BISMARCK, N.D. - The end of the year is a good time to make sure your set for tax season.
The changes made last year under the Tax Cuts and Jobs Act caught many people off guard.
Brady Martz Shareholder Lance Rambousek says a common mistake was not checking withholding amounts leading into last tax season.
Because of this, people received less in refunds than the year before.. some even owing the government money.
Inside the walls of Brady Martz accountants are answering calls year round on filing taxes.
"A lot of our clients, if they're paying attention to the new tax law tax act, they're calling and asking what we can do, what can we do differently. How can we mitigate our tax impact," said Rambousek.
While there are people who are aware of the changes from the Tax Cuts and Jobs Act, Rambousek says many people were surprised to find they were under withheld in April.
People making close to the same income the year prior, made out with a lower refund or even owed a bill.
Rambousek says revising your withholding amounts could solve this problem going into 2021.
"The new W-4, the big thing it's trying to do is match your withholdings with your gross income or your wages. Obviously, the more you withhold upfront, the less you'll have to pay in at tax day," said Rambousek.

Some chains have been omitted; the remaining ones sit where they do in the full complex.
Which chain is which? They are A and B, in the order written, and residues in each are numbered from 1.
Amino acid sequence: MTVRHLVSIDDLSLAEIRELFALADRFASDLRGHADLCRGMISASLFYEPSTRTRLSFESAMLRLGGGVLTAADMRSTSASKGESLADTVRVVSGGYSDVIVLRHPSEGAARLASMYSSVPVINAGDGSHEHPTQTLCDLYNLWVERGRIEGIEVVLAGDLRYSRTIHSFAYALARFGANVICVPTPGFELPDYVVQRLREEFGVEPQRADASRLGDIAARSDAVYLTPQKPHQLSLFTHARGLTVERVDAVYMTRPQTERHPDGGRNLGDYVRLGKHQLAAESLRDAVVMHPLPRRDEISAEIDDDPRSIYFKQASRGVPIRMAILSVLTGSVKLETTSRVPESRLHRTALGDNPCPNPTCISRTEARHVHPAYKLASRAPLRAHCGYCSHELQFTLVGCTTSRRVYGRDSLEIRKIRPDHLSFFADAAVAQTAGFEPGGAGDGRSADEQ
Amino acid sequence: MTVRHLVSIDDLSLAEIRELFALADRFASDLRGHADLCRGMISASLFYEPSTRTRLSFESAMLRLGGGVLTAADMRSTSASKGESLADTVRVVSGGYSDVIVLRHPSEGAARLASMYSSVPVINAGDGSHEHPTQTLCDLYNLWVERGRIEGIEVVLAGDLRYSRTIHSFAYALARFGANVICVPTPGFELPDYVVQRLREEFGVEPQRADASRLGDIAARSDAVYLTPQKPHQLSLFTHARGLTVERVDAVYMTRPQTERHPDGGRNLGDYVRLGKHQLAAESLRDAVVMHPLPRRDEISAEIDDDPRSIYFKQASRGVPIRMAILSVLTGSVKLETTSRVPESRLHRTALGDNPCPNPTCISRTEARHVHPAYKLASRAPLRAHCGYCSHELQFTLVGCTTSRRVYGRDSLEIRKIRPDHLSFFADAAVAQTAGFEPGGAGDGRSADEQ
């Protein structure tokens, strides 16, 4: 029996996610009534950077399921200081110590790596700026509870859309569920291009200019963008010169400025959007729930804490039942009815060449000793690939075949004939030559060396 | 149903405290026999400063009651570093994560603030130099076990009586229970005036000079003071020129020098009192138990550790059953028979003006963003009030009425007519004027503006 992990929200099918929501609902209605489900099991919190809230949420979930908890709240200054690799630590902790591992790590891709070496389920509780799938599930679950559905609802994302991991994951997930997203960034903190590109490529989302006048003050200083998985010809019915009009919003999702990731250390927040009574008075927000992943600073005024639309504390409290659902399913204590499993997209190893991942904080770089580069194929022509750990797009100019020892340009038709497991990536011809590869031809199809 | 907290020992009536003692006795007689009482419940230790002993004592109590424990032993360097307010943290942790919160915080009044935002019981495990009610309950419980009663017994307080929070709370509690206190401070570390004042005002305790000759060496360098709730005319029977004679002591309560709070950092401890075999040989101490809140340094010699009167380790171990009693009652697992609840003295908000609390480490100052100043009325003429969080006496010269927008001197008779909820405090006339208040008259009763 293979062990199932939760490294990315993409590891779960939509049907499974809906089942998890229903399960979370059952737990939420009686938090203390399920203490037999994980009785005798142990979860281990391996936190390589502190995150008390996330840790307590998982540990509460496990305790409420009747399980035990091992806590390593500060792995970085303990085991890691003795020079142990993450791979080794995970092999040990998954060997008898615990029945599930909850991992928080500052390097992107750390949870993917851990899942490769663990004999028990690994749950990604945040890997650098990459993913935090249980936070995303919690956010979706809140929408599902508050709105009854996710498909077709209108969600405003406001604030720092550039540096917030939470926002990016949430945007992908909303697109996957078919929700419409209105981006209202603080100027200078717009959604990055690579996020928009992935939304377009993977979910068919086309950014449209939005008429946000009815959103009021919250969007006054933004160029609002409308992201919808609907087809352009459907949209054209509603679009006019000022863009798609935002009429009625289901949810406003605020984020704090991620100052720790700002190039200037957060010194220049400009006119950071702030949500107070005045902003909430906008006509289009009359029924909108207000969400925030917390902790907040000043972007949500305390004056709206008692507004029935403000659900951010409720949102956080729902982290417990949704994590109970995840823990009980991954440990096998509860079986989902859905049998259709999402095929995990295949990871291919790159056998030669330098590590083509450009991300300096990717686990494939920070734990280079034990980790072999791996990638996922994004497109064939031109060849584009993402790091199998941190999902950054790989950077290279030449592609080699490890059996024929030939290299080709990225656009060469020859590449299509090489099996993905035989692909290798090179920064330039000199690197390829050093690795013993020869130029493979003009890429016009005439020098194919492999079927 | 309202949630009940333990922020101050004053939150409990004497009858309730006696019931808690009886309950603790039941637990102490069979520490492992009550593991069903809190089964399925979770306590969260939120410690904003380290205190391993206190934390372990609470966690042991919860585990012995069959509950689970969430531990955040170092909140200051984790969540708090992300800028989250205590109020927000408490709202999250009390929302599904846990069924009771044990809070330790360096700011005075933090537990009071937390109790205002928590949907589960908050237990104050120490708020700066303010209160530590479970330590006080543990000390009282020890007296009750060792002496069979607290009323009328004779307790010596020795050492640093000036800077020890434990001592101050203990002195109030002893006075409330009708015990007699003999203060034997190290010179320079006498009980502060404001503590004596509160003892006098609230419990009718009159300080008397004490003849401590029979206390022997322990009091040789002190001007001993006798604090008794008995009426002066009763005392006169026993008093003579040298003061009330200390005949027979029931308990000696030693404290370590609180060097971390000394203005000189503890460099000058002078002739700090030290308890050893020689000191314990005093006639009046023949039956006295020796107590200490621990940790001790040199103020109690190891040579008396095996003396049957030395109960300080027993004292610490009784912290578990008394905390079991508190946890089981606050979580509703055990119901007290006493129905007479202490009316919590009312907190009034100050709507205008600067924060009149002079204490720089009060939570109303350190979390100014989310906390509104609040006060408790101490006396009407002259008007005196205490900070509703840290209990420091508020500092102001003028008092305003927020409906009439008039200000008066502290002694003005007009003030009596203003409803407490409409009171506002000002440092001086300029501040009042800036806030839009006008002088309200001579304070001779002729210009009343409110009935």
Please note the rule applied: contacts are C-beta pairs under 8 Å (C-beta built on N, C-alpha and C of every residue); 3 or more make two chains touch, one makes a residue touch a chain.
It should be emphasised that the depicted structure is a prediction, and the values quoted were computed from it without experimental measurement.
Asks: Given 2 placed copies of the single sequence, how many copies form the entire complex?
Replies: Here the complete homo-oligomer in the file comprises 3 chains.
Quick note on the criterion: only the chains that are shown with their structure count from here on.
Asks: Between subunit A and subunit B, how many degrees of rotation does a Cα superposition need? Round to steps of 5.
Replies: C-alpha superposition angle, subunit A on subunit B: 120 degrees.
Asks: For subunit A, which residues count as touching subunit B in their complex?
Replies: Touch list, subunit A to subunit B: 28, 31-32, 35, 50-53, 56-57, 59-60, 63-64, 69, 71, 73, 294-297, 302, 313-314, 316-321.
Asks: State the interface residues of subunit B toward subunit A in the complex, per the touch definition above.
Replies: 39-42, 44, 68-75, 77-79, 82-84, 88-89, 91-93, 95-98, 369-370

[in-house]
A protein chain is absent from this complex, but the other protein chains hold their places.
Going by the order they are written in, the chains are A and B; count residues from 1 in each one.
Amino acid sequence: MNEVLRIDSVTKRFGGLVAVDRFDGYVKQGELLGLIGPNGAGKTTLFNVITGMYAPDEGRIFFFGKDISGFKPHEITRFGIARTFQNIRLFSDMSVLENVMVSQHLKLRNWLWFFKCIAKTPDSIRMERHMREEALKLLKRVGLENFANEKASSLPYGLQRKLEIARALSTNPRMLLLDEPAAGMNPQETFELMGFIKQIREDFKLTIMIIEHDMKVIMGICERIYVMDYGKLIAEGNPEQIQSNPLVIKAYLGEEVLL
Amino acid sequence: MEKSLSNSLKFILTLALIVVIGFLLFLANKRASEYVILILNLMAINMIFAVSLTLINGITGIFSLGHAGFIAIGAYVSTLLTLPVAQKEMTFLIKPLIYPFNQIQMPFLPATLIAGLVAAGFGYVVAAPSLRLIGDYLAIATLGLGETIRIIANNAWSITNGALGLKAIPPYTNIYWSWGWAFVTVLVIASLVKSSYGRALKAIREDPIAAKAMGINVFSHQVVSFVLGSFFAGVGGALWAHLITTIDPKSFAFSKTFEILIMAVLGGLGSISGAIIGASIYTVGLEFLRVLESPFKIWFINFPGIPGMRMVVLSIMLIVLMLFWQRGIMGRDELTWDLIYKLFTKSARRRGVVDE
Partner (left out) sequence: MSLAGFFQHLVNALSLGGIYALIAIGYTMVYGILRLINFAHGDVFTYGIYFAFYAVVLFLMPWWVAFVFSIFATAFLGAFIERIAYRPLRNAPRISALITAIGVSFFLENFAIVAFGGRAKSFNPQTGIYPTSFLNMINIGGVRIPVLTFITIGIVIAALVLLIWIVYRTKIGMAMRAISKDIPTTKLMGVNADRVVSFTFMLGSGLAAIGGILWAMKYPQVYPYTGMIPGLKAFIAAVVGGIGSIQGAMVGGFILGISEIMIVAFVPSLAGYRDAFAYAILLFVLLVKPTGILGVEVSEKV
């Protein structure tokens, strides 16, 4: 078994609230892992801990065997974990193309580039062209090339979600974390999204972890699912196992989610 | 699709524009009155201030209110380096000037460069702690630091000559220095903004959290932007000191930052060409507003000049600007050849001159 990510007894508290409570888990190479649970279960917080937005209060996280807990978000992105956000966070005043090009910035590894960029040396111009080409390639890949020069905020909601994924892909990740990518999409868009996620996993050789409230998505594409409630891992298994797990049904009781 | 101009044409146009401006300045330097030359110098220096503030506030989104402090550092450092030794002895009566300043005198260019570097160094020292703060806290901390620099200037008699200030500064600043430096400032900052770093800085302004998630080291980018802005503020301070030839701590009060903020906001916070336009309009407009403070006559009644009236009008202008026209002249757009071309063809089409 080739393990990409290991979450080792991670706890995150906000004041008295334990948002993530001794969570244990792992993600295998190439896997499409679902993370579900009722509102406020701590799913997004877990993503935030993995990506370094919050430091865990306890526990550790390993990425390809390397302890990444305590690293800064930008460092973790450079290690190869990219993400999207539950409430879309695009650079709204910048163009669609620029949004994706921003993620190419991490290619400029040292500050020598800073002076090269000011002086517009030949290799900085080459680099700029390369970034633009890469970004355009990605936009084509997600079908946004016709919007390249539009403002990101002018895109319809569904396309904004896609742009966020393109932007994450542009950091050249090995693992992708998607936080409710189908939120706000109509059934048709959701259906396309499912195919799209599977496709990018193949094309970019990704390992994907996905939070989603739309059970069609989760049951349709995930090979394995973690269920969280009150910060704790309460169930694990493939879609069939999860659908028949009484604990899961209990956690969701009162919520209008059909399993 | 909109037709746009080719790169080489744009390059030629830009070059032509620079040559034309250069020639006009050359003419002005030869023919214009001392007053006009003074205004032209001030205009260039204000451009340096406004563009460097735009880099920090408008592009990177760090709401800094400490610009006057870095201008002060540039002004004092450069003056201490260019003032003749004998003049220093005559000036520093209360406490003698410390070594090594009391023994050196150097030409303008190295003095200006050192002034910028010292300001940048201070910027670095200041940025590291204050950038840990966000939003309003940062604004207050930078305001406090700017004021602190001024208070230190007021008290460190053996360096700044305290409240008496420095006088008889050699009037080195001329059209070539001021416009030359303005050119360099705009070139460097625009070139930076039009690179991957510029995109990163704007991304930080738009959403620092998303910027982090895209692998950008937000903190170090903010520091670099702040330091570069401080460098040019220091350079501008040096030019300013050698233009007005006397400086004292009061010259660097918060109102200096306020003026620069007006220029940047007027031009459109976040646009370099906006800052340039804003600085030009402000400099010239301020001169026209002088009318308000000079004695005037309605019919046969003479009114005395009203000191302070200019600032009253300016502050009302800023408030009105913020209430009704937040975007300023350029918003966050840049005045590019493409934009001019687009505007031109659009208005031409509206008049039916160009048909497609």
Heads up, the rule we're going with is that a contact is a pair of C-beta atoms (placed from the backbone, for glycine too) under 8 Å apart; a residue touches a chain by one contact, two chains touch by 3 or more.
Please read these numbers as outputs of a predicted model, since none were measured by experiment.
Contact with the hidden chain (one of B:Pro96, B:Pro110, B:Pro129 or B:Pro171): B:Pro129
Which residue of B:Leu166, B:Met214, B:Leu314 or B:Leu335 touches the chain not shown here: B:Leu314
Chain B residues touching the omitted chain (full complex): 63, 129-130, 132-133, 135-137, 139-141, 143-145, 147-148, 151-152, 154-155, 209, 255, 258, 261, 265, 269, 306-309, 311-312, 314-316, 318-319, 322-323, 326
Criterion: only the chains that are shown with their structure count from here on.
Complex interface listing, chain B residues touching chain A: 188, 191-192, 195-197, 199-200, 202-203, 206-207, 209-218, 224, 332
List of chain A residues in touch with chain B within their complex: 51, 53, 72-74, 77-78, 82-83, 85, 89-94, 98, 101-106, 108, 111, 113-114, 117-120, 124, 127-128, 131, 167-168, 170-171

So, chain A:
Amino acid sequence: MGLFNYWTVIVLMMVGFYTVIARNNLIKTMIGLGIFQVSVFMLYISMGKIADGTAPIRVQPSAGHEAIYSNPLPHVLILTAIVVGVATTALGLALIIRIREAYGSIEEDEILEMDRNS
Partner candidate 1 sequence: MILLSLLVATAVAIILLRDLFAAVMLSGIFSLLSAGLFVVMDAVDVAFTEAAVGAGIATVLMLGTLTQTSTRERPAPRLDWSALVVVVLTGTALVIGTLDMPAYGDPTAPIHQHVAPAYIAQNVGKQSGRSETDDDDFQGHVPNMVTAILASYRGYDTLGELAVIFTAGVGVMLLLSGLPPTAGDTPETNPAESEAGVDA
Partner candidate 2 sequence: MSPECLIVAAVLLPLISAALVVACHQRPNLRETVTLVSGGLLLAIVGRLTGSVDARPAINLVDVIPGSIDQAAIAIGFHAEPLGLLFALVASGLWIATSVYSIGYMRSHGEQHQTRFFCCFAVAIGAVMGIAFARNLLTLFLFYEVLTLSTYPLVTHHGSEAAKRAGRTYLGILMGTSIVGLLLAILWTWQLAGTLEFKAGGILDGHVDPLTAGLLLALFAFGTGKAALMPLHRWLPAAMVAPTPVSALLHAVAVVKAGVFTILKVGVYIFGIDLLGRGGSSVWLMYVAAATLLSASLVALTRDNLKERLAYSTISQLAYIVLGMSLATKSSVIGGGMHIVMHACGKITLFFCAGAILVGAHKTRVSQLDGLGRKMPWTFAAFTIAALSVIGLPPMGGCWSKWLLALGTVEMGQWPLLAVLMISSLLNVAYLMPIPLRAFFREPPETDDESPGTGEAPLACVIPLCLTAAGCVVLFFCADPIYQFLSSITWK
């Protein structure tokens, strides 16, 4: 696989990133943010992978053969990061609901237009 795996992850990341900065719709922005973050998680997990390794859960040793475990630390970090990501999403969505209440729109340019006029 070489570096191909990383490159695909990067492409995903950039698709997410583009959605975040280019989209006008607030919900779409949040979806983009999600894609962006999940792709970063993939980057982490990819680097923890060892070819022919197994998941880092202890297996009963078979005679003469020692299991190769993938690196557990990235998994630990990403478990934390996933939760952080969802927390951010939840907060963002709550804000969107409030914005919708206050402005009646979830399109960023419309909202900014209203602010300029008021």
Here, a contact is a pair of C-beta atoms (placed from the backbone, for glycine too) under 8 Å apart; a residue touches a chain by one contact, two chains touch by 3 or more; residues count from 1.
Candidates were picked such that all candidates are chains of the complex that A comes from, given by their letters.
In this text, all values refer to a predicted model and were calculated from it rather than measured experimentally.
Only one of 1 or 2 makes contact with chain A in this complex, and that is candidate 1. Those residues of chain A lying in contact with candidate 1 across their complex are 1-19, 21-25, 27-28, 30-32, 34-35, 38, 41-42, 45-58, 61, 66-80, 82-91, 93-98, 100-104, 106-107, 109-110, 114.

The IRS released its final version of the 2020 Form W-4 earlier this month.
Unless refiled, your current Form W-4 is still being used. Meaning, problems could arise in April unless you adjust your withholding.
"If you continue to use your old W-4, they are indexed for inflation, but you will still likely land with the same situation you had back in 2018 and now 2019 where you are going to be probably short with your withholding," said Rambousek.
Rambousek says a good goal for your withholding is to pay so much each month that you neither owe nor are owed come tax season.
If you need help with your withholding, you can go to https://www.irs.gov/individuals/tax-withholding-estimator to use the new IRS withholding calculator.